Oklahoma and Louisiana also ranked among the three worst states in that group of eight when it comes to providing vehicle services online. Colorado provides all vehicle services online while Arkansas, Texas, and New Mexico provide most motor-vehicle related services online. Oklahoma provides only “limited services” online, according to the report.

The services provided online by Colorado include new registration, registration renewal, new licenses, license renewal, address changes, citation payments, titling, fee/tax calculation, and in-person scheduling.

Oklahoma provides only three services online, according to the report: registration renewal, address change, and fee/tax calculation.

In contrast to Oklahoma, the report found Arkansas “is making a concerted effort to push citizens to do more services online through its ‘Skip the Trip’ campaign. As part of this effort, Arkansas has both built out the services that can be conducted online as well as added functionality to make trips to reduce wait times if someone really wants to pay in person.”

The report’s recommendations for Oklahoma reforms include establishment of “kiosk services in high-traffic locations like supermarkets, convenience stores, and community centers.”

“Opportunities exist to streamline processes and expand online services as research suggests that citizens are increasingly demanding more services that do not require a physical trip,” the Alvarez and Marsal report states.

In passing HB 4049, lawmakers did nothing to modernize tag-agent services by moving them online, which was one factor cited by Stitt when he vetoed the bill.

“While I agree motor license agents play a key role in delivering services to Oklahomans, this measure would only create more statutory barriers to digitally transforming state services,” Stitt wrote in his veto message. “As the COVID pandemic demonstrated, the need for services to be accessed remotely and electronically has never been greater.”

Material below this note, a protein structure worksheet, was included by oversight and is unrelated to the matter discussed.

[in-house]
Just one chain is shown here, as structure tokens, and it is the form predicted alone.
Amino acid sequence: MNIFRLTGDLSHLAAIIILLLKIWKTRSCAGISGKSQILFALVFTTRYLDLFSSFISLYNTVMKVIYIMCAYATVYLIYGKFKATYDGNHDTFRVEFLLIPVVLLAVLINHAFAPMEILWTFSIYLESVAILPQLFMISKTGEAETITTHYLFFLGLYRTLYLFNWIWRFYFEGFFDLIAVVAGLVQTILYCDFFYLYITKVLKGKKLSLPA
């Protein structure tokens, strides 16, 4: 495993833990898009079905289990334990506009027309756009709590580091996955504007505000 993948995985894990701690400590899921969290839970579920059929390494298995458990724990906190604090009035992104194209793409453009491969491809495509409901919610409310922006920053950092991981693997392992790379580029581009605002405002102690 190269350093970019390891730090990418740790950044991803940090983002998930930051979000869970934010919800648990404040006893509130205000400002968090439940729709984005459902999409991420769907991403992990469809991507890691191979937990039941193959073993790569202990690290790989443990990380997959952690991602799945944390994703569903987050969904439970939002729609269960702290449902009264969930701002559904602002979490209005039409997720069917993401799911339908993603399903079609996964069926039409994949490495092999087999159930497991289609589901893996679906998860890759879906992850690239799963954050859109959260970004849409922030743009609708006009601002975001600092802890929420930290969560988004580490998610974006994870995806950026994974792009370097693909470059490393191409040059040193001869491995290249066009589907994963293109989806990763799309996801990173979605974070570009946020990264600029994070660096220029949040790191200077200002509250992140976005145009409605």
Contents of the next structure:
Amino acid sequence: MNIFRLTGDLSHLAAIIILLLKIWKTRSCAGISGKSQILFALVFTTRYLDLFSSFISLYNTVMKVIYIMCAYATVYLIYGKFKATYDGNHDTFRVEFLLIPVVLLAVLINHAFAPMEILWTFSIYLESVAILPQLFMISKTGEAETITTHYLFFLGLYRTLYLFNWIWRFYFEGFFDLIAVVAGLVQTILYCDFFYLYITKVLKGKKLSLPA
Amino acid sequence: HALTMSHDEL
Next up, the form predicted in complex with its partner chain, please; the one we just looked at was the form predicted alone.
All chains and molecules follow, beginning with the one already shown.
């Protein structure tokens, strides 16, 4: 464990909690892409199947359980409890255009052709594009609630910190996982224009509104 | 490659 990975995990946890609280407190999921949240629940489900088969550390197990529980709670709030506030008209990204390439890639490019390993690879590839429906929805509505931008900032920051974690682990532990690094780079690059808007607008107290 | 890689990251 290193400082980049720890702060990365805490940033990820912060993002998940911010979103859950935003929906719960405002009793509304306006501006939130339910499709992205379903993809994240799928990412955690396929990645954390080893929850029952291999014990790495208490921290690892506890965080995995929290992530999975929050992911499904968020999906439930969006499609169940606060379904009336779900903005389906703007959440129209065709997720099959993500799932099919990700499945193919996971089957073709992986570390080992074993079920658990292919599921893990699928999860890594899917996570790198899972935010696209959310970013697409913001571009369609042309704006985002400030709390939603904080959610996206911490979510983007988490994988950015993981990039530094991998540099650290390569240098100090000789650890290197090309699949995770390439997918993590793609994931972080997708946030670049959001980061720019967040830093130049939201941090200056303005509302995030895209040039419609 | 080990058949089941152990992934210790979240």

While HB 4049 did not modernize Oklahoma government, its passage apparently did not go unnoticed.

Members of the Oklahoma House of Representatives worked only 10 days in March, adjourning on March 17. But HB 4049 was among the measures passed in the final days of activity that month, advancing on March 11.

The Republican-controlled House then worked only a single day the following month, convening on April 6. But when GOP lawmakers arrived that day, they received a warm welcome from the Tag Agent Coalition. Oklahoma Ethics Commission records show Taylor and the Tag Agent Coalition spent $667 on breakfast for the entire House Republican caucus.

[This is one in a series of articles about legislation included on OCPA’s 2020 legislative scorecard.]

Ray Carter Director, Center for Independent Journalism

Ray Carter

Director, Center for Independent Journalism

Ray Carter is the director of OCPA’s Center for Independent Journalism. He has two decades of experience in journalism and communications. He previously served as senior Capitol reporter for The Journal Record, media director for the Oklahoma House of Representatives, and chief editorial writer at The Oklahoman. As a reporter for The Journal Record, Carter received 12 Carl Rogan Awards in four years—including awards for investigative reporting, general news reporting, feature writing, spot news reporting, business reporting, and sports reporting. While at The Oklahoman, he was the recipient of several awards, including first place in the editorial writing category of the Associated Press/Oklahoma News Executives Carl Rogan Memorial News Excellence Competition for an editorial on the history of racism in the Oklahoma legislature.